August 24, 2018

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So We Sailed Up To the Sun-- a review of Bill Morrison's The Beatles Yellow Submarine


Using the Beatles John, Paul, George, and Ringo as its heroes and the album Sgt. Pepper’s Lonely Hearts Club Band as its holy book, The Beatles Yellow Submarine creates its own mythology. Bill Morrison’s new comic adaptation of the 50-year-old movie is a lot like the post-Sgt. Pepper’s albums by the Fab Four; it’s lovely on a surface level but is puzzling for anyone who’s more of a fan of the pre-1967 Beatles. Sometimes you want the pop sensibility of “Love, love me do/ You know I love you” but what you really need is the unfathomable mystery of “Nothing you can do/ But you can learn how to be you in time.” In the same way, Morrison’s loving recreation of Yellow Submarine reads a lot like the work of any other Beatles fan trying to create an ode to his own idols while creating a comic that’s as mysterious and veiled as the original song that inspired both the movie and the comic.

The story of the movie of Yellow Submarine is even odder than the original song’s lyrics. A group of Blue Meanies attacks the candy-colored Pepperland, trapping the group Sgt. Peppers in some kind of status bubble. Pepperland’s mayor commands an old captain named Young Fred to find another quartet to save his magical land. And I think from there you can guess who Young Fred finds. For as weird as Pepperland appears, the world of the Beatles is no less strange; if anything, it’s darker and even more absurdist than Pepperland. For instance, after finding Ringo, Young Fred and the drummer go off to find the other three parts of this quartet. But Ringo has his own Frankenstein’s monster who, after chugging down some formula out of a test tube, transforms Shazam-like into everyone’s favorite Beatle Johns (unless you’re one of those weirdos who think that Paul is the best or a contrarian to says “George” when asked to name your favorite (at least we can all agree that Ringo isn’t even the best drummer in the Beatles, can’t we?).).

This adaptation then follows the Beatles and Young Fred on their journey into the eponymous yellow submarine and through lands filled with all kinds of light-hearted creatures and cryptic danger. It almost feels like the story is there just to be able to give us all kinds of Beatlemania puns and references. This story is heavily steeped in Beatles’ lore as it makes them into superheroes. The Beatles, four lads from Liverpool, become this dimensional fighting force, riding to defend the attacked people and meeting their own Pepperland analogs (Sgt. Pepper’s band) while saving the day. And unlike most heroes, John, Paul, George, and Ringo don’t fight with their fists but with their words and wit. This is a comic where the heroes are lovers and really not fighters even if there are one or two bonks to the Blue Meanies’ heads in these pages. The true forces for good at work use words and music as their weapons.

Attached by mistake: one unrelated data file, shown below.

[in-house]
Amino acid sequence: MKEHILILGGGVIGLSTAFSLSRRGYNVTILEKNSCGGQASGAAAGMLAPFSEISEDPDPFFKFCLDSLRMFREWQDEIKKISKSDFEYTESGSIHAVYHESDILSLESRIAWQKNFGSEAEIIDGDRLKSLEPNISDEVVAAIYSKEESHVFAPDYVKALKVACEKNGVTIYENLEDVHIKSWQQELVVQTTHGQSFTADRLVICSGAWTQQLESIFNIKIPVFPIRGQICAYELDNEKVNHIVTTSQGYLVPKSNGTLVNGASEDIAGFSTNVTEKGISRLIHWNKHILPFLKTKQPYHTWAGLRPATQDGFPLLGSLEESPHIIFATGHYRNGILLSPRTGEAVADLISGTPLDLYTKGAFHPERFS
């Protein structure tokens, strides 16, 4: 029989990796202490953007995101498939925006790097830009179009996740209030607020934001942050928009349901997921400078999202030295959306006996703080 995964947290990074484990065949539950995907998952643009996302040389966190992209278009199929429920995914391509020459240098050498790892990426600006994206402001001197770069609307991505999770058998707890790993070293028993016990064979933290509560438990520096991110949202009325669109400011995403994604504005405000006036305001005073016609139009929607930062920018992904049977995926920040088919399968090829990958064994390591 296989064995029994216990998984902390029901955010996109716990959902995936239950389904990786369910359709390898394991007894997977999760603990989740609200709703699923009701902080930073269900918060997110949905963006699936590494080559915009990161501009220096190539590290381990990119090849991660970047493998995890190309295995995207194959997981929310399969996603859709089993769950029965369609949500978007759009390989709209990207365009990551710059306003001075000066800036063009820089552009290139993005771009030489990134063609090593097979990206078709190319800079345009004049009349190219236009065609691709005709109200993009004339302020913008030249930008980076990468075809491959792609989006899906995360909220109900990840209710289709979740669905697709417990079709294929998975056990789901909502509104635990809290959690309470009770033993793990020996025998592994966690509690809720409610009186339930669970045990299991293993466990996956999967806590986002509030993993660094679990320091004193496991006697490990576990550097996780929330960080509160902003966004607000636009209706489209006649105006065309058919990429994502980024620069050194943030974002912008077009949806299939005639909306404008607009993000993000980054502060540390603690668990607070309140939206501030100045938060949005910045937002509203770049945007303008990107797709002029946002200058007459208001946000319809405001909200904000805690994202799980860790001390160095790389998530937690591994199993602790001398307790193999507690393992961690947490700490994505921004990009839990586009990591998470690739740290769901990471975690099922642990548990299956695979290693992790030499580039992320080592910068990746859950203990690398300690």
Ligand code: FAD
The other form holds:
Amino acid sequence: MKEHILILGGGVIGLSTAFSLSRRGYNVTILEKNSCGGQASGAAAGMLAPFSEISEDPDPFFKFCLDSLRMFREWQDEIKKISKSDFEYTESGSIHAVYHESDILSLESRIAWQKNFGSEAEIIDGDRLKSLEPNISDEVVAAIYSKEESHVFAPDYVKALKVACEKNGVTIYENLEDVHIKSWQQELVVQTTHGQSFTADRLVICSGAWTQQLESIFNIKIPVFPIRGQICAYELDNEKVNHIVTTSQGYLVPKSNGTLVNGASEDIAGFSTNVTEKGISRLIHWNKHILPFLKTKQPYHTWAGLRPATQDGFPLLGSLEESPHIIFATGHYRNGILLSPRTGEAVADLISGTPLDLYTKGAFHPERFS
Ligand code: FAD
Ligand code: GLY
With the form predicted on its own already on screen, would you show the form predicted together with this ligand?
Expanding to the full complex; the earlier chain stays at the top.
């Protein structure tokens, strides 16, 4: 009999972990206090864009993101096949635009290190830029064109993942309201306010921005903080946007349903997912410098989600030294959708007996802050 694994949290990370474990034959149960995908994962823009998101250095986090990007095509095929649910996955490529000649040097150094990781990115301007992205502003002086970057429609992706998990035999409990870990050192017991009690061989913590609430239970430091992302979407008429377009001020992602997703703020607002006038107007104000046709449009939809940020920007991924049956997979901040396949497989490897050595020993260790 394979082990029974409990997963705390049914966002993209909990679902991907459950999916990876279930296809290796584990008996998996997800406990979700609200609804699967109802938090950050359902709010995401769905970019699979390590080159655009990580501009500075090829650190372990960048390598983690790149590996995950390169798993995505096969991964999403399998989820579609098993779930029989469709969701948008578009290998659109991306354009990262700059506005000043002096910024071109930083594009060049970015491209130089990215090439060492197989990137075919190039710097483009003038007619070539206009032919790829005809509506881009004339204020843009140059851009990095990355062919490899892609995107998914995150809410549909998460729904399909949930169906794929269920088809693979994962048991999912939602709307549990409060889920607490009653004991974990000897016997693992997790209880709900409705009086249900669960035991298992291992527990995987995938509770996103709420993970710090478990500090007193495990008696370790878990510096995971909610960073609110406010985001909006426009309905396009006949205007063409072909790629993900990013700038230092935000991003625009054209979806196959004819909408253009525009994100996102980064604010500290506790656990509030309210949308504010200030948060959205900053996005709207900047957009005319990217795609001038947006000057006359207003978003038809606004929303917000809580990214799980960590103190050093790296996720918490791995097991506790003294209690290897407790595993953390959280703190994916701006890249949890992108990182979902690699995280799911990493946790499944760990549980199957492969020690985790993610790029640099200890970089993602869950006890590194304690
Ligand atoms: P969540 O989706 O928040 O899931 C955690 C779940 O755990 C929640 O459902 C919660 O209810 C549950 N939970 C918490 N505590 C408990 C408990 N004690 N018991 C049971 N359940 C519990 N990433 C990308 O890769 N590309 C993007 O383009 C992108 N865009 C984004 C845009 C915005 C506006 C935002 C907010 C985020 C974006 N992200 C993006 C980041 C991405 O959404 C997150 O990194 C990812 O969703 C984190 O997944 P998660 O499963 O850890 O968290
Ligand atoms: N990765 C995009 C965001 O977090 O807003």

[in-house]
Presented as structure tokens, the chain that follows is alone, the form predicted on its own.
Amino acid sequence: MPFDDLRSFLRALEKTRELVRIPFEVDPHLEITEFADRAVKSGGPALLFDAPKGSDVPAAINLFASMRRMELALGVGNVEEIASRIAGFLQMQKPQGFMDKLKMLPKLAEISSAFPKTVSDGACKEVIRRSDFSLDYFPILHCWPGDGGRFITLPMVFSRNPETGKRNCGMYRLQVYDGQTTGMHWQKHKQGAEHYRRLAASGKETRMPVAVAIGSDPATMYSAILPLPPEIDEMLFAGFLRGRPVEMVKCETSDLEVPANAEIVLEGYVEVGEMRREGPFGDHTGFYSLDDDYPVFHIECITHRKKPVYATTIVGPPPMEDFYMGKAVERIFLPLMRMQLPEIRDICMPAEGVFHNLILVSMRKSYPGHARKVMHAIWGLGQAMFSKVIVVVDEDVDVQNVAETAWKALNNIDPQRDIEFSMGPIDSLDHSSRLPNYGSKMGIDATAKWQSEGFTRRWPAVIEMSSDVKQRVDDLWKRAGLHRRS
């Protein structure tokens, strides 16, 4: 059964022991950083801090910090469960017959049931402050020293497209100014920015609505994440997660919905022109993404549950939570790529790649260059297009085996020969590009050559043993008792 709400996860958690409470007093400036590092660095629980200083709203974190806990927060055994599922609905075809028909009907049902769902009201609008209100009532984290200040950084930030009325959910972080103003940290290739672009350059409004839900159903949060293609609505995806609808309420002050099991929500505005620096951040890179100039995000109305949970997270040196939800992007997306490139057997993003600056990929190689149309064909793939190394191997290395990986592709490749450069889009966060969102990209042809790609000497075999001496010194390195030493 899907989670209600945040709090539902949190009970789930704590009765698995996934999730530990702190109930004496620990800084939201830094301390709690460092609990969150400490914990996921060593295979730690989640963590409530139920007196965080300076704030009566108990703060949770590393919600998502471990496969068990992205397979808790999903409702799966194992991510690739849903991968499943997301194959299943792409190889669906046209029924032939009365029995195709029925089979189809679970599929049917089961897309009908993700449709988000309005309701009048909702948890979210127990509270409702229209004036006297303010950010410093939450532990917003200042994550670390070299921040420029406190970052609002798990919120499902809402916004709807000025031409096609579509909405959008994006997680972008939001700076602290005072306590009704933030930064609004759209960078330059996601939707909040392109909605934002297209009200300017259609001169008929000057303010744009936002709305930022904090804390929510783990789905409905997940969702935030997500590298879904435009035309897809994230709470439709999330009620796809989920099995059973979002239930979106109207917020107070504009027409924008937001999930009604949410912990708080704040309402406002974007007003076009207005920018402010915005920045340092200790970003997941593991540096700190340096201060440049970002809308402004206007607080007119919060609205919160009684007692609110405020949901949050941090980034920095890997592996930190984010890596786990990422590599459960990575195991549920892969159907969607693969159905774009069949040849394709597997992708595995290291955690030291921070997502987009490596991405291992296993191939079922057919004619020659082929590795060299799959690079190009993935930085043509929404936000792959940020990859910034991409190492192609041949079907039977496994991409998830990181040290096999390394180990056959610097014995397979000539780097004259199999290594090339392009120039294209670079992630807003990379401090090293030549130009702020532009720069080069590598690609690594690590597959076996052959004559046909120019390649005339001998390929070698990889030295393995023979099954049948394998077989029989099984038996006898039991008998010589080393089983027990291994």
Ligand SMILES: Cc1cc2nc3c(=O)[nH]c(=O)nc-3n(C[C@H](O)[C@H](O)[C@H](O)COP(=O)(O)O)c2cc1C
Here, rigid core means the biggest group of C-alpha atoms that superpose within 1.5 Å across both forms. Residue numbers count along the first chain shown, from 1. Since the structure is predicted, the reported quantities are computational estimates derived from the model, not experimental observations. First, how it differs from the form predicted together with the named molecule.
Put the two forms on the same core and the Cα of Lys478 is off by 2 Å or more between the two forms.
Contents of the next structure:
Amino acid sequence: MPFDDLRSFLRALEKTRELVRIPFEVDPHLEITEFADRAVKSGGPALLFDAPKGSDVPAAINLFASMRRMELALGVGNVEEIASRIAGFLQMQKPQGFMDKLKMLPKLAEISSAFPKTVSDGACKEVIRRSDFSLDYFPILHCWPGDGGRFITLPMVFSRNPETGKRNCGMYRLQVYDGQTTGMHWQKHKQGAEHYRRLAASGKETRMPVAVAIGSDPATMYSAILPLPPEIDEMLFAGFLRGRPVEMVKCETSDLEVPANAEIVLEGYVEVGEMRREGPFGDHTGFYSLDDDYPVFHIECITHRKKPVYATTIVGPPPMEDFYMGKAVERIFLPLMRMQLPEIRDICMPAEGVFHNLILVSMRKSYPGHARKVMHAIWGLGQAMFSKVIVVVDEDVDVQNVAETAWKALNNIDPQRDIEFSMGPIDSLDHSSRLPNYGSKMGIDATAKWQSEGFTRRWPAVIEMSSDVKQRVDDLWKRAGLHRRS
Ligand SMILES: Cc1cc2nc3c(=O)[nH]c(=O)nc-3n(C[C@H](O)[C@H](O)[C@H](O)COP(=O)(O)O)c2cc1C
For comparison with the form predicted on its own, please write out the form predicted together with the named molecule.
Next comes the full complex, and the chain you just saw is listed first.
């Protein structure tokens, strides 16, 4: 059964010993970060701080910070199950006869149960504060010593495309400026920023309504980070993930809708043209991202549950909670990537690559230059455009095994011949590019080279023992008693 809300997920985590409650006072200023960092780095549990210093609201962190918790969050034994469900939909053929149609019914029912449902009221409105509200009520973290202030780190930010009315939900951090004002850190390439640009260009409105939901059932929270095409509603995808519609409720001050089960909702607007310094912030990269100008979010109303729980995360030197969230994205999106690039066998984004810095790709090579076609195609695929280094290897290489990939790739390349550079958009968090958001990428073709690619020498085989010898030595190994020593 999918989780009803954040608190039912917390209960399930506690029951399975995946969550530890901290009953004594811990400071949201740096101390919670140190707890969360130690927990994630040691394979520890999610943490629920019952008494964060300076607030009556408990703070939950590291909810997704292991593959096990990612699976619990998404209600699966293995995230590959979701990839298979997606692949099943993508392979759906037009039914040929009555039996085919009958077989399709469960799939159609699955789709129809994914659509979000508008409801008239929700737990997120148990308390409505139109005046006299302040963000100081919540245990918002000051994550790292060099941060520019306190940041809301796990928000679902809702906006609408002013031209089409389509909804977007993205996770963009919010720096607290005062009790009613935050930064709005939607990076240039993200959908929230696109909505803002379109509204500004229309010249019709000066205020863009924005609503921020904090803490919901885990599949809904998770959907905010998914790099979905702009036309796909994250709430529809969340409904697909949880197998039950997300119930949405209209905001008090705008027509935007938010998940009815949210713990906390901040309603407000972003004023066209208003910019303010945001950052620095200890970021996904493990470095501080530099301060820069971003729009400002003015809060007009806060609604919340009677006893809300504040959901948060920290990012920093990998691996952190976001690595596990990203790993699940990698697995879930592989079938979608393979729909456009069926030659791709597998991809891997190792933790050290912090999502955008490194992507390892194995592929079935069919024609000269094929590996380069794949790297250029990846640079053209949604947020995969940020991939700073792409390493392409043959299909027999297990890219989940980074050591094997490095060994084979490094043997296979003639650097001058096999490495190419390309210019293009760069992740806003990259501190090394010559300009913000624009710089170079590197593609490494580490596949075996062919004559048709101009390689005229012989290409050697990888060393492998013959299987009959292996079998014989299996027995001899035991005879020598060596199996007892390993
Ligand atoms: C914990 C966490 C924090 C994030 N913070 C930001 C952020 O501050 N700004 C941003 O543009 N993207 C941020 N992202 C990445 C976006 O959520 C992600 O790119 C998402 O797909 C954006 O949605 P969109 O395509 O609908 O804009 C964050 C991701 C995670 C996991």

Morrison has the unenviable task of turning a musical into a comic. It’s impressive how well he uses the language of comics to create the impression of rock and roll. Morrison’s artwork follows the animated model of the movie but, free from the restrictions of a movie screen’s rigged frame, Morrison allows the story to flow out of the characters, building each page around the unique interactions of the Beatles with one another and with their unreal environment. There’s never anything that you could say takes place in the “real” world so Morrison draws trippy and organic pages that make you believe in the reality of The Beatles Yellow Submarine. This is a world of Blue Meanies, magical realities, and dimension-traveling toy-like submarines.


The fun of the book reveals itself through the Beatles themselves. These are the imagined versions of the quartet, probably closer to what we want them to be than to what they were in the 1960s. You can’t help but read this book without hearing their voices in your head. Mythologized and idealized, this band lives in a Peter Max-inspired world where everything is poppish, bright and musical. Their dialogue has a singsong quantity to it. Even their clothes demonstrate each Beatles’ unique character, from George’s stoic brown jacket to John’s poofy shirt, Ringo’s striped jacket or Paul’s impeccably tailored jacket and pants. This is part of how we want to remember the Beatles, as four blokes who joked and got along as they made the world a better place.

A visual delight, The Beatles Yellow Submarine shows us the original transcendental pop stars who prove that all you need is love. Bill Morrison takes a 50-year-old movie and transforms it into a very modern comic book, translating music and motion into panels and dialogue balloons. This comic book shows us the best version of The Beatles and the aspirations of their music, proving that love, friendship, and peace is all that you need. And, as they sang in many songs, love really is all that you need.

We all live in a yellow submarine
Yellow submarine, yellow submarine
We all live in a yellow submarine
Yellow submarine, yellow submarine
We all live in a yellow submarine
Yellow submarine, yellow submarine


The Beatles Yellow Submarine
Written and Drawn by Bill Morrison
Inked by Morrison, Andrew Pepoy with Tone Rodriguez
Colored by Nathan Kane
Lettered by Aditya Bidikar
Published by Titan Comics